2. The method of claim 1, wherein there is a direct correlation between the degrees of similarity and the automation confidence score such that higher degrees of similarity result in a higher automation confidence score.

3. The method of claim 1, further comprising: sending, with the automation discovery system, the low automation confidence score or the high automation confidence score to a display in communication with the automation discovery system.

4. The method of claim 1, wherein receiving, with the automation discovery system, potentially automated network traffic data comprises: monitoring observed network traffic; identifying observed network traffic with a known malicious source and/or destination or a low reputation source and/or destination; and collecting the identified observed network traffic as the potentially automated network traffic data.

5. The method of claim 1, wherein the potentially automated network traffic data comprises metadata associated with suspicious network traffic.

6. The method of claim 5, further comprising: monitoring, with a monitoring system comprising a processor in communication with the network, network traffic to and/or from an asset associated with the network; assessing, with the monitoring system, the network traffic to determine a source and/or destination for the network traffic and/or content of the network traffic; determining, with the monitoring system, whether the network traffic is suspicious network traffic based on the assessed source and/or destination and/or content; when the network traffic is determined to be suspicious network traffic, capturing, with the monitoring system, metadata associated with the suspicious network traffic and storing the metadata in a database in communication with the processor; and when the network traffic is not determined to be suspicious network traffic, disregarding, with the monitoring system, metadata associated with the network traffic.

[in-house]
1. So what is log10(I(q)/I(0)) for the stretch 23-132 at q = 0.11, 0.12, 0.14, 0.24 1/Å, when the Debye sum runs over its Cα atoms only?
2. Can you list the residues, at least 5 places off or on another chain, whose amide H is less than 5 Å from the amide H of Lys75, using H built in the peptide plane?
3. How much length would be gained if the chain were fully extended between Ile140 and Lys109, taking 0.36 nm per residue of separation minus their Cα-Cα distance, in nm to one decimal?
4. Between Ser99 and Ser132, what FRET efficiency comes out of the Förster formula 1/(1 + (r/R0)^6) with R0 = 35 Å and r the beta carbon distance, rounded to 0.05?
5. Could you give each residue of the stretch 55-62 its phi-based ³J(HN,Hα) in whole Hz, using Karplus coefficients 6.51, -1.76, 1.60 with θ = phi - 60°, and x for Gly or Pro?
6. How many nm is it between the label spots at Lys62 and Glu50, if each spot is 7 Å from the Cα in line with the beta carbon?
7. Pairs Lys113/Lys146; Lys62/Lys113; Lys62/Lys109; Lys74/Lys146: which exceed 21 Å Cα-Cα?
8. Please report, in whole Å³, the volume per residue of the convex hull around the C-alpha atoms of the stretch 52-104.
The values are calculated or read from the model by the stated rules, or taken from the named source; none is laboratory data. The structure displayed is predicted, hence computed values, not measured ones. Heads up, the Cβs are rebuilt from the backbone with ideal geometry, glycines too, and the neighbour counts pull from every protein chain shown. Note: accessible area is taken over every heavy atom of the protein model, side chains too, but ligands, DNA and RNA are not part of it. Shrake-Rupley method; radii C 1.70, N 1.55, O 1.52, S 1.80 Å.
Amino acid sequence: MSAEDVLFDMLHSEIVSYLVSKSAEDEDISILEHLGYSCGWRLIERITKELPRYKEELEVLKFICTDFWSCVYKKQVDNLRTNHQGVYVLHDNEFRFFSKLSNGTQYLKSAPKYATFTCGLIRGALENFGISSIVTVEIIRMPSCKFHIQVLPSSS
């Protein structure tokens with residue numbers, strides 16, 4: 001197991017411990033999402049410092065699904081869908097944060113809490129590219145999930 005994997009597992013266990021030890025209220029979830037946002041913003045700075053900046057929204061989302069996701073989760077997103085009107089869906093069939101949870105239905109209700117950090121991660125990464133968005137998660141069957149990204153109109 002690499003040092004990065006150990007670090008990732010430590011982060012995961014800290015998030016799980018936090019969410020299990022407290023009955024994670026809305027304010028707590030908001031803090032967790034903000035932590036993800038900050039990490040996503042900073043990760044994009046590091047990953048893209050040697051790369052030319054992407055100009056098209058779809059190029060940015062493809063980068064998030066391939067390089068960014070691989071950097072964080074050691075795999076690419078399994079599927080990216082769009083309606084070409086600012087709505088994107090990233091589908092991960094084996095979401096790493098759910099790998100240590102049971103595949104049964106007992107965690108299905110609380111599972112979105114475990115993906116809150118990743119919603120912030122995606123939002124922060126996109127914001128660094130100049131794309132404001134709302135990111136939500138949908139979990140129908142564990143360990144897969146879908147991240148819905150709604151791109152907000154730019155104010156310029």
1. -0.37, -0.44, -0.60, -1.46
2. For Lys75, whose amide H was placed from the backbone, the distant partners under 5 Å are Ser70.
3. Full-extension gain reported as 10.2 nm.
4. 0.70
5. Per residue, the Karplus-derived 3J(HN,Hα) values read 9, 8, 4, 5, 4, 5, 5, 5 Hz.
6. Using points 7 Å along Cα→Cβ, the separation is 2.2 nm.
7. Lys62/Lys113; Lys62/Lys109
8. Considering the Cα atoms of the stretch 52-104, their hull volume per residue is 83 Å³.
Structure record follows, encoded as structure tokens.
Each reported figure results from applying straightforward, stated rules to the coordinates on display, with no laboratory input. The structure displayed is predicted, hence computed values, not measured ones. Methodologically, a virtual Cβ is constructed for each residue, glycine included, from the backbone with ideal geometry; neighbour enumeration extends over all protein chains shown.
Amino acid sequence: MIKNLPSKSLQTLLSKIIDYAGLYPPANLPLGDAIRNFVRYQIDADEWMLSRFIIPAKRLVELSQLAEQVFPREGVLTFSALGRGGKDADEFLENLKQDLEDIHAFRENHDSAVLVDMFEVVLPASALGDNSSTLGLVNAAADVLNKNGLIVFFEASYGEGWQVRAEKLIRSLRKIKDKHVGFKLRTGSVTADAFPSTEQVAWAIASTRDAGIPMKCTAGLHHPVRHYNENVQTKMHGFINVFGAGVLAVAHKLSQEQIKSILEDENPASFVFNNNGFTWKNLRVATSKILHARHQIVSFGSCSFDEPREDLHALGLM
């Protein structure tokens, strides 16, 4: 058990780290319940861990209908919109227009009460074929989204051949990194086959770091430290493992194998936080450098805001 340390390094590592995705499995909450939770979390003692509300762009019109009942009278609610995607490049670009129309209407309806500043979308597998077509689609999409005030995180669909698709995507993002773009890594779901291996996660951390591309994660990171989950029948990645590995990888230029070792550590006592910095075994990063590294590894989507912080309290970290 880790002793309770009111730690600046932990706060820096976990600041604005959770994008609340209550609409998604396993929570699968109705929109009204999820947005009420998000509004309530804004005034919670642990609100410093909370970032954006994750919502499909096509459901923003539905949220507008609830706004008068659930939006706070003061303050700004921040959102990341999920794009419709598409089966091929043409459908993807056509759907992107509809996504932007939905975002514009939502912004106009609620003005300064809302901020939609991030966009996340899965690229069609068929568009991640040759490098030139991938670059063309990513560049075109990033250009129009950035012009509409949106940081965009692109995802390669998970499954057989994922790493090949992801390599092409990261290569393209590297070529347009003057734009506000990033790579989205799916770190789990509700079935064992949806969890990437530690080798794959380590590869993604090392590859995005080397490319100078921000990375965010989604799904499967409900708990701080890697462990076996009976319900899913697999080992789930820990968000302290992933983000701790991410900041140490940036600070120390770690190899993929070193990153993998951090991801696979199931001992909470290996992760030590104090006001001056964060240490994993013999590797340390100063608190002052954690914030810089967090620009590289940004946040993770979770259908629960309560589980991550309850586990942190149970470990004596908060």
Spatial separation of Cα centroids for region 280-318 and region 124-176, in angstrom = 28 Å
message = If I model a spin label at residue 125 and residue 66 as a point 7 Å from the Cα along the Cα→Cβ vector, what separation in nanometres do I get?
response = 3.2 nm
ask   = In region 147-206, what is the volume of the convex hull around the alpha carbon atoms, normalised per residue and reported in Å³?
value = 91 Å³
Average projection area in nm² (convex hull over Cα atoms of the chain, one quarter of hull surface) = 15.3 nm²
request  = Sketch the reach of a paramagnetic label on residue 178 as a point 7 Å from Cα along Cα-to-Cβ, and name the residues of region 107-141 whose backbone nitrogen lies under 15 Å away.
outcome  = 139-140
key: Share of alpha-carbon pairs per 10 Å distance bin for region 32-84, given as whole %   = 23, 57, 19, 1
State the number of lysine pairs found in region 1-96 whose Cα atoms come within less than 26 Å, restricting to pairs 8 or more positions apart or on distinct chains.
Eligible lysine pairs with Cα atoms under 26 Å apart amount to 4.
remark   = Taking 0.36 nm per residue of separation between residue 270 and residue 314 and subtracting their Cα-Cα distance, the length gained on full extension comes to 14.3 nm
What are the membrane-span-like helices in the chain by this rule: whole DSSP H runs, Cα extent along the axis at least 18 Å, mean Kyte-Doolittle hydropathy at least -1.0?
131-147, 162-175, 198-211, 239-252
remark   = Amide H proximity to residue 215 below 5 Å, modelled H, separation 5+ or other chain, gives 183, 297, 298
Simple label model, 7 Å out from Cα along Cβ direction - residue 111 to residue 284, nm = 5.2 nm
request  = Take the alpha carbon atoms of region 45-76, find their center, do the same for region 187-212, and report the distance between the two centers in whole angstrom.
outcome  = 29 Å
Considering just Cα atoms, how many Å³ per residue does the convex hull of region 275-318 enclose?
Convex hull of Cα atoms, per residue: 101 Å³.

7. The method of claim 6, wherein the monitoring comprises monitoring a transport protocol of the network traffic, monitoring an application protocol of the network traffic, monitoring a source and/or destination of the network traffic, and/or monitoring content of the network traffic.

8. The method of claim 6, wherein the determining whether the network traffic is suspicious network traffic is based on a low reputation score associated with the source and/or destination for the network traffic, a suspicious DGA cluster associated with the source and/or destination for the network traffic, a suspicious DGA cluster associated with the content of the network traffic, and/or a suspicious content element within the content of the network traffic.

9. The method of claim 6, further comprising: when the network traffic is determined to be suspicious network traffic, indexing, with the monitoring system, the metadata.

10. The method of claim 6, wherein the metadata comprises a source port, a destination port, a transport protocol, an application protocol, a time stamp, a duration, a source identifier, a destination identifier, a bytes in count, a bytes out count, a connection success indicator, a connection status, a DNS RR set, HTTP data, a file within the content of the network traffic, the content of the network traffic, and/or a subsequent communication.